YPSILANTI, Mich. -- Eastern Michigan plan to drop softball, men's swimming and diving, women's tennis and wrestling at the end of the spring season because of budget cutbacks.
The school announced the decision Tuesday , saying the reduction in sports to 17 from 21 will save about $2.4 million.
"We are very saddened by having to make this move, which is necessary as we continue to align the university budget with enrollment and state funding trends," Eastern Michigan President James Smith said. "This aligns us with our Mid-American Conference peers in total number of sports, and is part of our ongoing effort to realign resources to ensure that we continue to invest in high-demand high-quality academic programs and world-class facilities."
The cuts will involve 58 male student-athletes and 25 female student-athletes, according to the school. The university will honor athletic scholarships for students who choose to stay and complete their degrees instead of transferring to compete in their sports at other schools.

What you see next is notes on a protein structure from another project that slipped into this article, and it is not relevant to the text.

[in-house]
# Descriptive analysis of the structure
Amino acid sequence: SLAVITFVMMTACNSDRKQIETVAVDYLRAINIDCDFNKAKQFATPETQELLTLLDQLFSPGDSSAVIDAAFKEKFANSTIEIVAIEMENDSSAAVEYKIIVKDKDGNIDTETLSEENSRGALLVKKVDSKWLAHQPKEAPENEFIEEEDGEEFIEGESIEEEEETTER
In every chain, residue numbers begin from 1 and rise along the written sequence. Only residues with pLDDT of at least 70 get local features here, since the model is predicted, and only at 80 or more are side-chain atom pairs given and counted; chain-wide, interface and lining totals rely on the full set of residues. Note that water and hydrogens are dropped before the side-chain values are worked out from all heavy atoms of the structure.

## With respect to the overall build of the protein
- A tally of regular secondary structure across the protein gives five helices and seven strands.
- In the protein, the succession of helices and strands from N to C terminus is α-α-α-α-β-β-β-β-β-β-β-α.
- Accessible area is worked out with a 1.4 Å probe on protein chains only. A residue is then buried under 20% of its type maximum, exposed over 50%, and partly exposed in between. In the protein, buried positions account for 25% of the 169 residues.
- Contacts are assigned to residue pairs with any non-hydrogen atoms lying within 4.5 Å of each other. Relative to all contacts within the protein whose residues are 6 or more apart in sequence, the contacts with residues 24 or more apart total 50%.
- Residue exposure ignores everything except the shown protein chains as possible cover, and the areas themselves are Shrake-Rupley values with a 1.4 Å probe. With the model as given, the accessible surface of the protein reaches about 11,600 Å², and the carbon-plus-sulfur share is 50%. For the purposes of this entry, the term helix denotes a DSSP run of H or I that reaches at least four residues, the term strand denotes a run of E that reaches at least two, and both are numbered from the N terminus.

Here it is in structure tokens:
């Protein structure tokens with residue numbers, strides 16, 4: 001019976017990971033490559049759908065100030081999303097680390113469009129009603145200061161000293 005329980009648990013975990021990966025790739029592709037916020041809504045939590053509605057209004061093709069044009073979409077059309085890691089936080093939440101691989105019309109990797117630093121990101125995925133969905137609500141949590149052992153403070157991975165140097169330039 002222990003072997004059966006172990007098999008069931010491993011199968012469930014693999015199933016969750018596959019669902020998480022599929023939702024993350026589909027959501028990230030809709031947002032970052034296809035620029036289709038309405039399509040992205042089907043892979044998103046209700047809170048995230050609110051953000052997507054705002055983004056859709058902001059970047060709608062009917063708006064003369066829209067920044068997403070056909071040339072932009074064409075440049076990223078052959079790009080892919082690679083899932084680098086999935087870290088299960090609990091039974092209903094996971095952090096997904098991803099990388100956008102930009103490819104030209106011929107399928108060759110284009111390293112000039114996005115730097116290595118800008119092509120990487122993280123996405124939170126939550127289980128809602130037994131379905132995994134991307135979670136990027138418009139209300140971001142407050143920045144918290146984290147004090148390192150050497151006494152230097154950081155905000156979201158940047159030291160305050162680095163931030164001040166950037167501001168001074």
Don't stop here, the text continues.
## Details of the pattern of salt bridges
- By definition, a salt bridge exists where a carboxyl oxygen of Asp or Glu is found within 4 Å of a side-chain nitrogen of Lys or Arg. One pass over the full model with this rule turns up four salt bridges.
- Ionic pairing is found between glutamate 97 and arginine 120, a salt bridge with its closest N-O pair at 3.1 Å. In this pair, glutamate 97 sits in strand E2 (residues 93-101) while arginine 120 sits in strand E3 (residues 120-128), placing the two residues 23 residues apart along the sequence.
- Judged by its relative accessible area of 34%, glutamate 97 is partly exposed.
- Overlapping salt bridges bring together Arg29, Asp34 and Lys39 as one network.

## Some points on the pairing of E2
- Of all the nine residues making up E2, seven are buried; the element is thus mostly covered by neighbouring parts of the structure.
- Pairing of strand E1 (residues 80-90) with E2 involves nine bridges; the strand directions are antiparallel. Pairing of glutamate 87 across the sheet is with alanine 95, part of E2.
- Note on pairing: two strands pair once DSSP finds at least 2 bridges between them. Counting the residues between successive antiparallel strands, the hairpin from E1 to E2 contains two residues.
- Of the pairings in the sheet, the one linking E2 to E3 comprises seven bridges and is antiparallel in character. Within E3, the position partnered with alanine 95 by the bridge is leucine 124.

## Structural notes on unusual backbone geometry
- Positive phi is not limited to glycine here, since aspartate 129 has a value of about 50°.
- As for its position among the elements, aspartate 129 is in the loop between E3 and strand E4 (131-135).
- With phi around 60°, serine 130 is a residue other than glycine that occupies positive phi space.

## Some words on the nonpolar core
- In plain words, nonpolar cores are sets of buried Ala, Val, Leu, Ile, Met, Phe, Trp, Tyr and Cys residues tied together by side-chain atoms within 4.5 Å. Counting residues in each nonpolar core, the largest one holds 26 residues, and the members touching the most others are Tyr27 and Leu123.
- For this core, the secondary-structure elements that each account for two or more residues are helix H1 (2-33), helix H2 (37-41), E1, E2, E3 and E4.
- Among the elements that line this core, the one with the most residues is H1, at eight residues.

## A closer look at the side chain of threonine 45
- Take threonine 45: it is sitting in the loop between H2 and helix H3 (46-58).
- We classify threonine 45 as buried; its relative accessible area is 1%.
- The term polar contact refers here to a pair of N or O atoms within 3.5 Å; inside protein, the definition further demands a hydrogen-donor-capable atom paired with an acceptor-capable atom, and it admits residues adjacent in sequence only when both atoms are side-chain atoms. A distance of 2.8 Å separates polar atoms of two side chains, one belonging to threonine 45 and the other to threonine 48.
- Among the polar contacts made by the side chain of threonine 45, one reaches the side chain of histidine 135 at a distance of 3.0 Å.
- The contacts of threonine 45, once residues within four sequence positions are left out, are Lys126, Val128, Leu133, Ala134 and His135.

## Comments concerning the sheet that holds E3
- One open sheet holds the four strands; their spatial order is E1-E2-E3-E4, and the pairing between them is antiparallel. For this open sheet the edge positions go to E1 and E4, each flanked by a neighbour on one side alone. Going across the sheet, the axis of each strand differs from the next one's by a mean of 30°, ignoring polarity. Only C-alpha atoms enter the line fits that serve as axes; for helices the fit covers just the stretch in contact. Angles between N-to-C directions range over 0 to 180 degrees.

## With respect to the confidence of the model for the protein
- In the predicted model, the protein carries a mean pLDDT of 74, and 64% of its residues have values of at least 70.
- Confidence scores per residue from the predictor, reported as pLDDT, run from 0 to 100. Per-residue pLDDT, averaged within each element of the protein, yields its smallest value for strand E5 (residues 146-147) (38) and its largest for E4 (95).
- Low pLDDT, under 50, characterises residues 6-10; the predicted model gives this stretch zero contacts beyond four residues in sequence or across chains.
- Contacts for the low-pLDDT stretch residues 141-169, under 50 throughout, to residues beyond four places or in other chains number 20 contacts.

"I feel like I'm disappointing them, pulling that experience away and that opportunity away," athletic director Scott Wetherbee said at a news conference after he informed the affected students of the decision earlier in the day. "They came here to compete and get a degree and now they won't be able to do that."
Wetherbee was hired to run the athletic department less than nine months ago.
"I feel handcuffed," he said. "I walked into a terrible situation."
Three members of the swim and dive team said they received emails late Monday night, asking them to report for a mandatory meeting early Tuesday morning. As word spread around campus, they found out student-athletes on the softball, women's tennis and wrestling teams received the same message.
"Nobody on the team slept last night," said Maxwell Wilkinson, a redshirt junior on the Eagles' swim team. "We were all shook up at the meeting. We feel betrayed by the university we signed on with to give it our all.
"This morning, they dumped us like trash."
Hoping to save the swim and dive program, an online fundraiser with the goal of raising $90,000 and an online petition were created.
"We're hoping to get people behind us to take one last swing at it," Wilkinson said.